HC gives Punjab 3 weeks to decide on Amarinder's plea
Taking up a petition filed by Amritsar MP Capt Amarinder Singh, seeking directions to save more than 1,000 trees in Amritsar from being cut for the execution of development plans, the Punjab and Haryana high court has granted three weeks' time to the state government to decide on his representation.chandigarh Updated: Aug 20, 2014 23:41 IST
Taking up a petition filed by Amritsar MP Capt Amarinder Singh, seeking directions to save more than 1,000 trees in Amritsar from being cut for the execution of development plans, the Punjab and Haryana high court has granted three weeks' time to the state government to decide on his representation.
The directions came from the division bench comprising acting chief justice Ashutosh Mohunta and justice HS Sidhu on Wednesday while disposing of the public interest litigation.
The Amritsar MP had also sought directions to the authorities concerned to conduct appropriate mitigation measures in their engineering design construction schedules and techniques to minimise the adverse environment impact, as most of the trees proposed to be cut are adjacent to boundary walls of buildings and are not necessary to be axed.
Appearing for the petitioner, advocate Kanwalvir Singh Kang informed the court that a large number of trees were proposed to be cut for the widening of roads for the bus rapid transit (BRT) project on the mall road, circular road, Kitchlu road and Chowk Bhandari bridge road. Another development project pertains to the upgradation of the GT road, Bhandari bridge to Guru Nanak Dev University, wherein 279 trees are to be cut on a single road, he added.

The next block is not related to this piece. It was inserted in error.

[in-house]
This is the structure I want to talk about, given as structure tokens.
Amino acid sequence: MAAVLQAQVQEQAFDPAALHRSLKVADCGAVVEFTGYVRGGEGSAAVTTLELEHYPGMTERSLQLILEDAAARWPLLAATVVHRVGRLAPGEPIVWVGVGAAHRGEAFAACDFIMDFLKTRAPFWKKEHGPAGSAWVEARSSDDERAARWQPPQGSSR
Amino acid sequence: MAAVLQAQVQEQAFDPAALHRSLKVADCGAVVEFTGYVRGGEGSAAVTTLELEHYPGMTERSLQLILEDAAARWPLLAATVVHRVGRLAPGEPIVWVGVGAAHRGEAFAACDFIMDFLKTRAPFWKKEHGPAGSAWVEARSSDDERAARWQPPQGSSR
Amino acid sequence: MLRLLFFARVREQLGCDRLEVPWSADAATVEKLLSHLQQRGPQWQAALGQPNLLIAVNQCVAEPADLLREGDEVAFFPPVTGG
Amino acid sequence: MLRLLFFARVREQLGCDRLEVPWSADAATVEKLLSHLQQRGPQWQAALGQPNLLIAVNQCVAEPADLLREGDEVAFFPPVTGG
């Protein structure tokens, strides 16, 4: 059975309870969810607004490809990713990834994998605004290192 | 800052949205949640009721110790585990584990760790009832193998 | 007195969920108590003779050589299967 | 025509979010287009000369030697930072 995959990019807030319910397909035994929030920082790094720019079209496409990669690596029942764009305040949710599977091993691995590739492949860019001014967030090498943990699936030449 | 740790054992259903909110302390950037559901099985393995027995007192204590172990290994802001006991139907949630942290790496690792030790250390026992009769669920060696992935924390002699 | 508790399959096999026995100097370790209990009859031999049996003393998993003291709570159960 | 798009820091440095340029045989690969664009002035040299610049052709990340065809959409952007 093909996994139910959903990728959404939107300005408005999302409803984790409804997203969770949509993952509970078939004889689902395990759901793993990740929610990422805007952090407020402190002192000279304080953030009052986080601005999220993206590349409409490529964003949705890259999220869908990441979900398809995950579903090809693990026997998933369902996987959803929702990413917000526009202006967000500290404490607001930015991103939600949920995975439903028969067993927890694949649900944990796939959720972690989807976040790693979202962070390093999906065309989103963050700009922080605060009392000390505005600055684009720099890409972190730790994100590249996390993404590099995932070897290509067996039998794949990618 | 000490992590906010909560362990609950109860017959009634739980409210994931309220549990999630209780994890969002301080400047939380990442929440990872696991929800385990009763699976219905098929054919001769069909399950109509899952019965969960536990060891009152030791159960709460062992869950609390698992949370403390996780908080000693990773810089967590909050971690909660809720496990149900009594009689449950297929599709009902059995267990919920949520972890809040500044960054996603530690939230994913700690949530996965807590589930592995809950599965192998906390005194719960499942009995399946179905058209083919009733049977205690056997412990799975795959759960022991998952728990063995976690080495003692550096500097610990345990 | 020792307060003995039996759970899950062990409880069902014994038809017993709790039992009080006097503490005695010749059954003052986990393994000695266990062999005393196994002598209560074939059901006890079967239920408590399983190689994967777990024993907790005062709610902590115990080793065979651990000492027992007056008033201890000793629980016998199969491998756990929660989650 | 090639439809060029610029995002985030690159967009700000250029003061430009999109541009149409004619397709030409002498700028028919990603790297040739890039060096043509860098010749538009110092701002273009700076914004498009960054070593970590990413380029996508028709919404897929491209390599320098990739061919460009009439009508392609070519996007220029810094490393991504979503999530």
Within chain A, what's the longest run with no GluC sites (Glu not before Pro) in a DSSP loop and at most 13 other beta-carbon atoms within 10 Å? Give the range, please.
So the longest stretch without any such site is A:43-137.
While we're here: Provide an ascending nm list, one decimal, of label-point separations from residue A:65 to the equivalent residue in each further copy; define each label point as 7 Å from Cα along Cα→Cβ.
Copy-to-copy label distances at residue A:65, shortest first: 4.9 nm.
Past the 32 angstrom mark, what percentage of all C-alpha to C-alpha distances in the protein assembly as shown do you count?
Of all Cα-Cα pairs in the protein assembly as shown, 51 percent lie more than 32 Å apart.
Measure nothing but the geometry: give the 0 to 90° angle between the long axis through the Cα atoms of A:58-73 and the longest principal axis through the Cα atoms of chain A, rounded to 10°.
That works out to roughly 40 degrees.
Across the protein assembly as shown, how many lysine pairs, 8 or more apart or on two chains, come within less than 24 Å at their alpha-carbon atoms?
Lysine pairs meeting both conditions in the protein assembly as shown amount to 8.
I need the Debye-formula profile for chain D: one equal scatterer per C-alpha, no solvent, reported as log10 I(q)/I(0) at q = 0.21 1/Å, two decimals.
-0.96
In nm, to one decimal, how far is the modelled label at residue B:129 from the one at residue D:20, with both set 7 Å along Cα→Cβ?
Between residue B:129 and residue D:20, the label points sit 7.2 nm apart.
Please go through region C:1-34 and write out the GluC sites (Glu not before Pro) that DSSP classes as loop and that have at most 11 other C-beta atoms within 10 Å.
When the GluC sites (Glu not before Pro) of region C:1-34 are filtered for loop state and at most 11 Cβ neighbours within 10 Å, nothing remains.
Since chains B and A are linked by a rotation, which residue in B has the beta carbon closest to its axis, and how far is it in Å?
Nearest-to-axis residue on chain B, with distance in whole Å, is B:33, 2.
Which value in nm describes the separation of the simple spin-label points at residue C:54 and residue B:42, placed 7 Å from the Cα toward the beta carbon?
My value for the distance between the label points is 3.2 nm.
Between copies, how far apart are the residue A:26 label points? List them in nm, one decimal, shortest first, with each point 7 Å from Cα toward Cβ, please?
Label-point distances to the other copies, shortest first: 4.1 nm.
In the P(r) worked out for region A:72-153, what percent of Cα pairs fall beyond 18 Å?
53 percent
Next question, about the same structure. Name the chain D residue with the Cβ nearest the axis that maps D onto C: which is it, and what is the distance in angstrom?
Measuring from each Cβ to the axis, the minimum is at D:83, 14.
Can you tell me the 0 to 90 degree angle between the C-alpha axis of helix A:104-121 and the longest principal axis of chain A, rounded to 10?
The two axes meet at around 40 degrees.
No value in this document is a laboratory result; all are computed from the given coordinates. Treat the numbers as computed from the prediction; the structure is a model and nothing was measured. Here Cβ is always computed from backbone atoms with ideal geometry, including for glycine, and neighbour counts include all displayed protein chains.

The court was informed that the petitioner was not opposing development projects in the city but only sought directions to the authorities to conduct an exercise to survey the project from the standpoint of minimising the cutting of trees as a majority of these are situated right adjacent to the boundary walls of houses and buildings, and do not cause hindrance to the proposed widening of roads.
It was submitted that the authorities ought to have identified alternative ways to ameliorate adverse environmental impacts or deviation of roads. Amritsar would become a complete concrete jungle with cutting of trees in such a large number and its environmental impact would be drastic, the petitioner added.
On the proposed Bhandari bridge to Guru Nanak Dev University, there are trees which are more than 100 years old, including drek, mulberry, sheesham, eucalyptus, toot etc. and even in the walled city of Amritsar, thousands of trees are proposed to be cut which are fully grown and more than 100 years old.
Residents of Amritsar had submitted representations in the petitioner's office, calling upon the MP to take up their issue and that a committee should be formed to look into the feasibility aspect of saving the trees from cutting, the petitioner informed.